By Ioakim Boutakidis
Ioakim Boutakidis is Associate Professor of Child & Adolescent Studies and Faculty Fellow of Student Success at CSU Fullerton and a member of the Interim Advisory Board of the CSU Student Success Network. In May 2017, the Network held a convening on data use in the CSU, where faculty, staff, and administrators from ten CSU campuses shared their challenges and successes in using data to improve student learning and created plans for next steps once they returned to campus. In this blog, Ioakim summarizes some promises and limitations of using “big data”—and describes how universities can use “small data” to broaden and apply their big data findings.
The California State University (CSU) has entered the age of big data. At a data convening by the CSU Student Success Network last year, an informal survey found that 30 of 31 staff and faculty from CSU campuses “agreed” or “strongly agreed” that they are considering the use of predictive analytics to improve student success. Over half (54%) said that using predictive analytics was making a difference for students on their campus. Nationally, between 40% and 50% of colleges and universities report using student data for predictive analytics. As these numbers grow, it is crucial that faculty and staff understand the kinds of questions that big data can—and cannot—answer about students.
At CSU Fullerton, predictive analytics are primarily used to help answer “what” questions. For example: What are our barriers to progression for a specific population of students? Or: What are the most promising interventions for a student, given his or her specific set of circumstances? These questions can lead to powerful insights about the appropriateness of specific student interventions. For us, they represent a first level of inquiry.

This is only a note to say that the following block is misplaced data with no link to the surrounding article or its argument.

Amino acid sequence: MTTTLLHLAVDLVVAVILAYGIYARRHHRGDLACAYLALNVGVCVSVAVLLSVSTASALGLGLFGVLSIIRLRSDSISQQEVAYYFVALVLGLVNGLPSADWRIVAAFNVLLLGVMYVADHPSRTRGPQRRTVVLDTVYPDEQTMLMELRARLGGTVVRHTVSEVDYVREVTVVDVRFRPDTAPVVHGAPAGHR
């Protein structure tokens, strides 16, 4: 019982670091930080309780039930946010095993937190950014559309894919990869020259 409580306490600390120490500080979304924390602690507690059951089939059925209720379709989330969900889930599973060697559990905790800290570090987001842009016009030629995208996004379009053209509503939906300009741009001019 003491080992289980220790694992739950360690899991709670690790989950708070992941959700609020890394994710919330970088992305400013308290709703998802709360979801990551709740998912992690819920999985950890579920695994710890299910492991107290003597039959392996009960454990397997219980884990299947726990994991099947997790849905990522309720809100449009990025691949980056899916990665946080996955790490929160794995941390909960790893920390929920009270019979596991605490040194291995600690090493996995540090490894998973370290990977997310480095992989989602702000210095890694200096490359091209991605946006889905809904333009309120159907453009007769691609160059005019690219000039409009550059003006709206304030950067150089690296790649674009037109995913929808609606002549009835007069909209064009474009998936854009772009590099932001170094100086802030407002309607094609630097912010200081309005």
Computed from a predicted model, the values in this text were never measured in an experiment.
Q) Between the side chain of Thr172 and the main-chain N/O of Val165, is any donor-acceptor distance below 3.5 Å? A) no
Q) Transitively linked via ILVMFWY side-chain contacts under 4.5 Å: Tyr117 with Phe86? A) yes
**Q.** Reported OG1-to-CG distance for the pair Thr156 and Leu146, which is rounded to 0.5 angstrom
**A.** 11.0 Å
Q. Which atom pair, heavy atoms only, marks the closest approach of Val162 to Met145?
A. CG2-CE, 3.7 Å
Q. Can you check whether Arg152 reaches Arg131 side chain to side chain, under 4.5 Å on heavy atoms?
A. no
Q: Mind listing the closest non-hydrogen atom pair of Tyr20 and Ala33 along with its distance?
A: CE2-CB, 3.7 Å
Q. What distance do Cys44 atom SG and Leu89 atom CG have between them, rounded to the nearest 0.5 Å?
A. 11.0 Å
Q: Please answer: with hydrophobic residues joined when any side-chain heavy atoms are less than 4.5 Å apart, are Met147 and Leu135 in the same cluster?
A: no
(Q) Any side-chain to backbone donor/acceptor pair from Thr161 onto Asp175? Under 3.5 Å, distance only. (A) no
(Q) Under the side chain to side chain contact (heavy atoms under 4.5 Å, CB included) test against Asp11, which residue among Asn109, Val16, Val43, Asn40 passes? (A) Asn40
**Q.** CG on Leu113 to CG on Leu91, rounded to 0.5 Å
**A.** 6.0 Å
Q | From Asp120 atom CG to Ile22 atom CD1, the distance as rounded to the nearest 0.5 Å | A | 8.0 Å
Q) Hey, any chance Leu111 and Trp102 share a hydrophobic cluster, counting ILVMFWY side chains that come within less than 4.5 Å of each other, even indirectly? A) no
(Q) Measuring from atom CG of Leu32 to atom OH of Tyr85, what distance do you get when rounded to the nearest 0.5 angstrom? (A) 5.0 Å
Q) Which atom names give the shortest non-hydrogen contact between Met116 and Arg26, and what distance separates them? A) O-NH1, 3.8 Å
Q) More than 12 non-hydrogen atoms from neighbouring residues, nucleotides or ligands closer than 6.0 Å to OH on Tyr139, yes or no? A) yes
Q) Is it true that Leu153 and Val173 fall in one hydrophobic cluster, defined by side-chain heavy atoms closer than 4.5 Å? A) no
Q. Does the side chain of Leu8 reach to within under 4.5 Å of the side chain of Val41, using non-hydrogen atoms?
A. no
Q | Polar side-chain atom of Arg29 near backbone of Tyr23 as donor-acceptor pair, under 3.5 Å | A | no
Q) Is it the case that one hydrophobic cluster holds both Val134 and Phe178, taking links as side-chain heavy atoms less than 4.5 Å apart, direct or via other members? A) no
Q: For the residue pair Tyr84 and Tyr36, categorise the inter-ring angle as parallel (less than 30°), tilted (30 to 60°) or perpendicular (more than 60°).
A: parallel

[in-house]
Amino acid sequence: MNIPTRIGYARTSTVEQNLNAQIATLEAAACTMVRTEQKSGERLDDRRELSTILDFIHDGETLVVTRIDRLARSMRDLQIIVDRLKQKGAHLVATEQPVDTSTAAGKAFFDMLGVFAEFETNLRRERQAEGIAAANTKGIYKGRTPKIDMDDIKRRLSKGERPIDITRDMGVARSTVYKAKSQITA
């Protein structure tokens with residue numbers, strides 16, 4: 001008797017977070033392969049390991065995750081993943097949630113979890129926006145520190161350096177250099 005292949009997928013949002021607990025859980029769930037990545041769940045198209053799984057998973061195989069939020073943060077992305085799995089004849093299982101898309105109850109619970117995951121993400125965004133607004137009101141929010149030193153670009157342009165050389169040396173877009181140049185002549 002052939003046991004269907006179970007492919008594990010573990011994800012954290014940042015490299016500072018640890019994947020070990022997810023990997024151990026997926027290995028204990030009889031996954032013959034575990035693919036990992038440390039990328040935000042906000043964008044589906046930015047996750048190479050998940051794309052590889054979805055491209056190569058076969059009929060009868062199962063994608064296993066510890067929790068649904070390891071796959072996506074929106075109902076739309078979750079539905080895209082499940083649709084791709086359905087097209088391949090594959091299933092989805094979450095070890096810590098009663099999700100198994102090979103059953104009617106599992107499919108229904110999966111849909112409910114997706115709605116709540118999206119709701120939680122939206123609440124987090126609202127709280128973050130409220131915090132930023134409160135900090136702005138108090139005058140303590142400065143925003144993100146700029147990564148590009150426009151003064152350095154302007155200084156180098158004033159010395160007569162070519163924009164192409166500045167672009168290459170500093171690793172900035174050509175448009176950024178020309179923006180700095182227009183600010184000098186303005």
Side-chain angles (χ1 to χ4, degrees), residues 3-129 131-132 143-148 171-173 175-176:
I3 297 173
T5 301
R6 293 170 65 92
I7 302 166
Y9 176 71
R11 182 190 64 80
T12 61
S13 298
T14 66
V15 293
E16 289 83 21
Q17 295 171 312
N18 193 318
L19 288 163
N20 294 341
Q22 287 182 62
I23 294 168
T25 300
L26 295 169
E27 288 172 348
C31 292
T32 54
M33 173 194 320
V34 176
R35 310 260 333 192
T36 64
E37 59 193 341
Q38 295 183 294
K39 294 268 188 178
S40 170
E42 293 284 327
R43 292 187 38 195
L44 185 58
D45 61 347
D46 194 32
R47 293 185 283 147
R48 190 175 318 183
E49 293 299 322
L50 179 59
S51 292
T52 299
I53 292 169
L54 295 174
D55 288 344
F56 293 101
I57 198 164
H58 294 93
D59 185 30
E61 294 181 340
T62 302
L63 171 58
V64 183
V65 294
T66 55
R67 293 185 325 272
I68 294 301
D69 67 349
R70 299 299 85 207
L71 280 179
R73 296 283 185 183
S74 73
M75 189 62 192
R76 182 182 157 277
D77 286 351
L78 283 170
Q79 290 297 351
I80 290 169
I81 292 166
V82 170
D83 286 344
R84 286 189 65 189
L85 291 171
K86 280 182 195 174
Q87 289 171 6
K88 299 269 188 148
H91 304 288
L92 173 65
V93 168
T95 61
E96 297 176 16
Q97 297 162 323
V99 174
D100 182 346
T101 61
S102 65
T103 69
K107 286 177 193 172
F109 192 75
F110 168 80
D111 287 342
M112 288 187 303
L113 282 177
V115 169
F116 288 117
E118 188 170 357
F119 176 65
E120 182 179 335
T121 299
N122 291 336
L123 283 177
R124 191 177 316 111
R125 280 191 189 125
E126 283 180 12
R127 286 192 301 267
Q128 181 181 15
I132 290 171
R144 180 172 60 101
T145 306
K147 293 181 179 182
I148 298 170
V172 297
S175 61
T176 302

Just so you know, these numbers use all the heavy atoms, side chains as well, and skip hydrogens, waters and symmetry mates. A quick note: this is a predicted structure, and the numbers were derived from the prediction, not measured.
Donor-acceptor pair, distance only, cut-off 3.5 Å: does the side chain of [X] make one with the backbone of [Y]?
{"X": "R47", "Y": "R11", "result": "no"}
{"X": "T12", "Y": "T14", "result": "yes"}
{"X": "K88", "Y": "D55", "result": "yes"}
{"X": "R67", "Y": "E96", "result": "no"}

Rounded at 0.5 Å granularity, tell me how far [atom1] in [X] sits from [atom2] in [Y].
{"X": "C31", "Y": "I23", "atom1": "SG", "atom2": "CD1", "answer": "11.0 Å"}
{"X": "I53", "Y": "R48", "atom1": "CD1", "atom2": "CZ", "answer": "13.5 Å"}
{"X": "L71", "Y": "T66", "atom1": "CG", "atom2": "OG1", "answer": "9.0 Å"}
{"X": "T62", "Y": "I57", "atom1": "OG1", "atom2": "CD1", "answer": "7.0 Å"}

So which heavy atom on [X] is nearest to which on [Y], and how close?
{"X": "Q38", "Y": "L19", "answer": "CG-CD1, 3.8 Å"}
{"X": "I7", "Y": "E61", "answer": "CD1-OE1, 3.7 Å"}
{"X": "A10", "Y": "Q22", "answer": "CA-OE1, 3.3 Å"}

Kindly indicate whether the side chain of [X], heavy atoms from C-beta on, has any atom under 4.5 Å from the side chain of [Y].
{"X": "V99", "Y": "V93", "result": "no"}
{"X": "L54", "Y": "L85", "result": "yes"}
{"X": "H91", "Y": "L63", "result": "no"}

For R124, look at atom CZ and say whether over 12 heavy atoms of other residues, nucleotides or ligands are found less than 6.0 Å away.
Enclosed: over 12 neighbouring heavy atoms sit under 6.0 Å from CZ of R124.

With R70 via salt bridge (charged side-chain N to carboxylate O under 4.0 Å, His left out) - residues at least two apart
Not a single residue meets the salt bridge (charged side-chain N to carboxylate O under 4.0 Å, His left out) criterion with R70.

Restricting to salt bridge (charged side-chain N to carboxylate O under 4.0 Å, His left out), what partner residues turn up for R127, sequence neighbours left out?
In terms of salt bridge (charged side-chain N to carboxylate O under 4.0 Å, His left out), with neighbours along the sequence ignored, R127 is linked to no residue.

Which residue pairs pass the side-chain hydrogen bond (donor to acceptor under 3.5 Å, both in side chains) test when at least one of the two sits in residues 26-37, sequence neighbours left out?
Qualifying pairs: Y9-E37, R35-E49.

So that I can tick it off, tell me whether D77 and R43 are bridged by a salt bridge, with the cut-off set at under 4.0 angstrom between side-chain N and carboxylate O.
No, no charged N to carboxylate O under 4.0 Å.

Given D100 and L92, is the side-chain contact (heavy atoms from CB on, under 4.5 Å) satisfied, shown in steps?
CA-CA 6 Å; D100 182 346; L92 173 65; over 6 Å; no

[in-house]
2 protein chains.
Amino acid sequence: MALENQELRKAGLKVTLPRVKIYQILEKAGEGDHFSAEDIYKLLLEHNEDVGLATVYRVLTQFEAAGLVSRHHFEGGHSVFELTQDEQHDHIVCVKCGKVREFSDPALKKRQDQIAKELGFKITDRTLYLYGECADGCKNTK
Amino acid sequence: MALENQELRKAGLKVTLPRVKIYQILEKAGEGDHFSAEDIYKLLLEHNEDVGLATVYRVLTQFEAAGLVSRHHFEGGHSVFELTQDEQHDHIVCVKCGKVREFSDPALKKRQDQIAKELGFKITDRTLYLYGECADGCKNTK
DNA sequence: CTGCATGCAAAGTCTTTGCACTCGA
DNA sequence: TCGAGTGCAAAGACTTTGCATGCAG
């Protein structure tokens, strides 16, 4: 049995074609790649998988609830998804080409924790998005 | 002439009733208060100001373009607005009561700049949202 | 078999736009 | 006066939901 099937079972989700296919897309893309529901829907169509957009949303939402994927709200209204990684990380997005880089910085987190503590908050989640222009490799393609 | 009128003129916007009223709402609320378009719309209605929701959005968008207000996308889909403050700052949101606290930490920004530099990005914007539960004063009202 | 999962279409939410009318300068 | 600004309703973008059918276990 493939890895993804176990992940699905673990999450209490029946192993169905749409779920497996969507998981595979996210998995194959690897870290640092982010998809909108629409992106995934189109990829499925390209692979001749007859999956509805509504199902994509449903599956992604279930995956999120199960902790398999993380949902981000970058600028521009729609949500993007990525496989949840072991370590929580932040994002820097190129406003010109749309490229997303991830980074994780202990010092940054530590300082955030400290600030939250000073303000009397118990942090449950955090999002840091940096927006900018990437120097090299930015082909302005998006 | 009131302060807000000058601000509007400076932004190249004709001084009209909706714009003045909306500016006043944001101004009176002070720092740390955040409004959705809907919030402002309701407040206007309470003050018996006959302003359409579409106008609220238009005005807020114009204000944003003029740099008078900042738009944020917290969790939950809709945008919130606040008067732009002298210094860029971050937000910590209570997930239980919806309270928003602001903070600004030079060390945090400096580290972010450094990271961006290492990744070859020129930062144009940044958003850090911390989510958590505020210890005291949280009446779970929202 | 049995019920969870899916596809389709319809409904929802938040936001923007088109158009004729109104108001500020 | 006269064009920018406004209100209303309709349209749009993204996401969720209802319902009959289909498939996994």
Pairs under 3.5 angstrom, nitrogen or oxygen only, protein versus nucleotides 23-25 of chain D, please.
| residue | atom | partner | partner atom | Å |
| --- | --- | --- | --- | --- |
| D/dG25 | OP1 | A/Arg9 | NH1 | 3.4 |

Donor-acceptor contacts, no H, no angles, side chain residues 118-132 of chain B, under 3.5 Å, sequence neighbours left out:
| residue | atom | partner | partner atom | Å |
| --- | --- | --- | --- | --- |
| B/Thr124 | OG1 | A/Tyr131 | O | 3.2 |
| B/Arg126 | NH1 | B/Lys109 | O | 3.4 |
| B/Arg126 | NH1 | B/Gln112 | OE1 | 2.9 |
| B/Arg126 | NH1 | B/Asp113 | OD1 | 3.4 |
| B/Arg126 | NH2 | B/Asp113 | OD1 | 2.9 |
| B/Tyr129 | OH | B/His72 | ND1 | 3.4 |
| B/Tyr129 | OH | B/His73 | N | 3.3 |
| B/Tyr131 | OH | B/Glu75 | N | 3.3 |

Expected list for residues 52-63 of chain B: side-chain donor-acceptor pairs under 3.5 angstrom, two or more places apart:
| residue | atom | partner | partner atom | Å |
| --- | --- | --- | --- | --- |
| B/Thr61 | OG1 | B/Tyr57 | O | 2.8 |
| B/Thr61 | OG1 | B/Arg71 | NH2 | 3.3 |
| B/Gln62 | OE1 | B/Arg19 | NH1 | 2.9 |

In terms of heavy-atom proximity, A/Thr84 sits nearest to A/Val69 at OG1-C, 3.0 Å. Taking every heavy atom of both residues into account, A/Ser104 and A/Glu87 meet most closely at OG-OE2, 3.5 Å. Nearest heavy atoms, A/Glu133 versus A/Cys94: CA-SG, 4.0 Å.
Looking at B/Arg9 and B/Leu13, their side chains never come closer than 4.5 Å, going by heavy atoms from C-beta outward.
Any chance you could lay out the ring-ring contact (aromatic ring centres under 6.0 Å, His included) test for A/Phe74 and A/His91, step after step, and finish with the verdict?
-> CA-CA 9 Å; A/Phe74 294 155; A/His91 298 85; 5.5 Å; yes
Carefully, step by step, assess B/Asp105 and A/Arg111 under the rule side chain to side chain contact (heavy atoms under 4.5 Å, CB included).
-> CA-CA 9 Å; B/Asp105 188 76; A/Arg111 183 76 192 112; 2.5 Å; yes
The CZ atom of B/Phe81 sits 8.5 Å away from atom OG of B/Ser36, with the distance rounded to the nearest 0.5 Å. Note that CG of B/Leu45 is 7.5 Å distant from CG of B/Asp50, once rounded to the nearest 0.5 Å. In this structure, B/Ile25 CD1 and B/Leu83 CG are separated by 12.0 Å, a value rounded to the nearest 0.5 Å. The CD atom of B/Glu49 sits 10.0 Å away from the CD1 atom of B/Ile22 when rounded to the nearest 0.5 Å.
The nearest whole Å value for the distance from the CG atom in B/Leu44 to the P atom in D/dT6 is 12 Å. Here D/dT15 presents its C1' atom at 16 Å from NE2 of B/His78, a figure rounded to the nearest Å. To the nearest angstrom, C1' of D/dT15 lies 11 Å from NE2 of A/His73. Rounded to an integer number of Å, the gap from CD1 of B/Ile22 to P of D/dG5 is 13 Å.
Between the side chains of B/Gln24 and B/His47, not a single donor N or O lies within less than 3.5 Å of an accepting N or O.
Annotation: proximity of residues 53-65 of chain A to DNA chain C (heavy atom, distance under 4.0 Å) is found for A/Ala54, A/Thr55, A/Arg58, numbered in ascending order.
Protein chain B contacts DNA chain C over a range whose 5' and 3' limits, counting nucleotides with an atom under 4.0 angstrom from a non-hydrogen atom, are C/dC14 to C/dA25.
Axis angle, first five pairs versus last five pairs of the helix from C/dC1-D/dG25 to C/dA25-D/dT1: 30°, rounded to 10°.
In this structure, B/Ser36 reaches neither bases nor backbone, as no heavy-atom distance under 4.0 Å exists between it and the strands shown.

However, we also ask the next level of research questions, which typically begin with “why” or “how.” For example: Why are these particular students facing these challenges at these junctures? Or: How have particular students responded to a particular kind of intervention? These questions are more qualitative and require time and resources to interview students, hold focus groups, and analyze the results. The responses we receive, however, tell us about student motivations, challenges, and successes. Because this brings us closer to students, I call this a “small data” approach, although the term is metaphorical rather than literal.
Big Data and Predictive Analytics in Higher Education
The term big data commonly refers to datasets that are so large and constantly expanding that their management continually requires new strategies for collection and sorting. The emergence of affordable software has brought these data management capabilities to universities large and small. Predictive analytics describes a particular use of these datasets to make estimates based on past patterns. Weather forecasts are a version of predictive analytics, as are the browser ads that pop up based on your search history.
One of the most promising uses of predictive analytics in universities involves projecting outcomes for individuals rather than aggregated groups. For example, asking whether peer mentoring is effective in general is an interesting question, but it typically leads to results of limited utility. However, determining the efficacy of a particular peer mentoring intervention for a particular student, given his or her set of circumstances, can be very useful because this can help decision-makers determine what aspects of the peer mentoring program were effective, which were not, and why. As another example, software applications can analyze a student’s prior coursework and current status to predict relative risk for academic challenges. As more databases tracking student status are linked to course management systems, institutions will be able to provide earlier notification of student difficulties. These are effective uses of big data.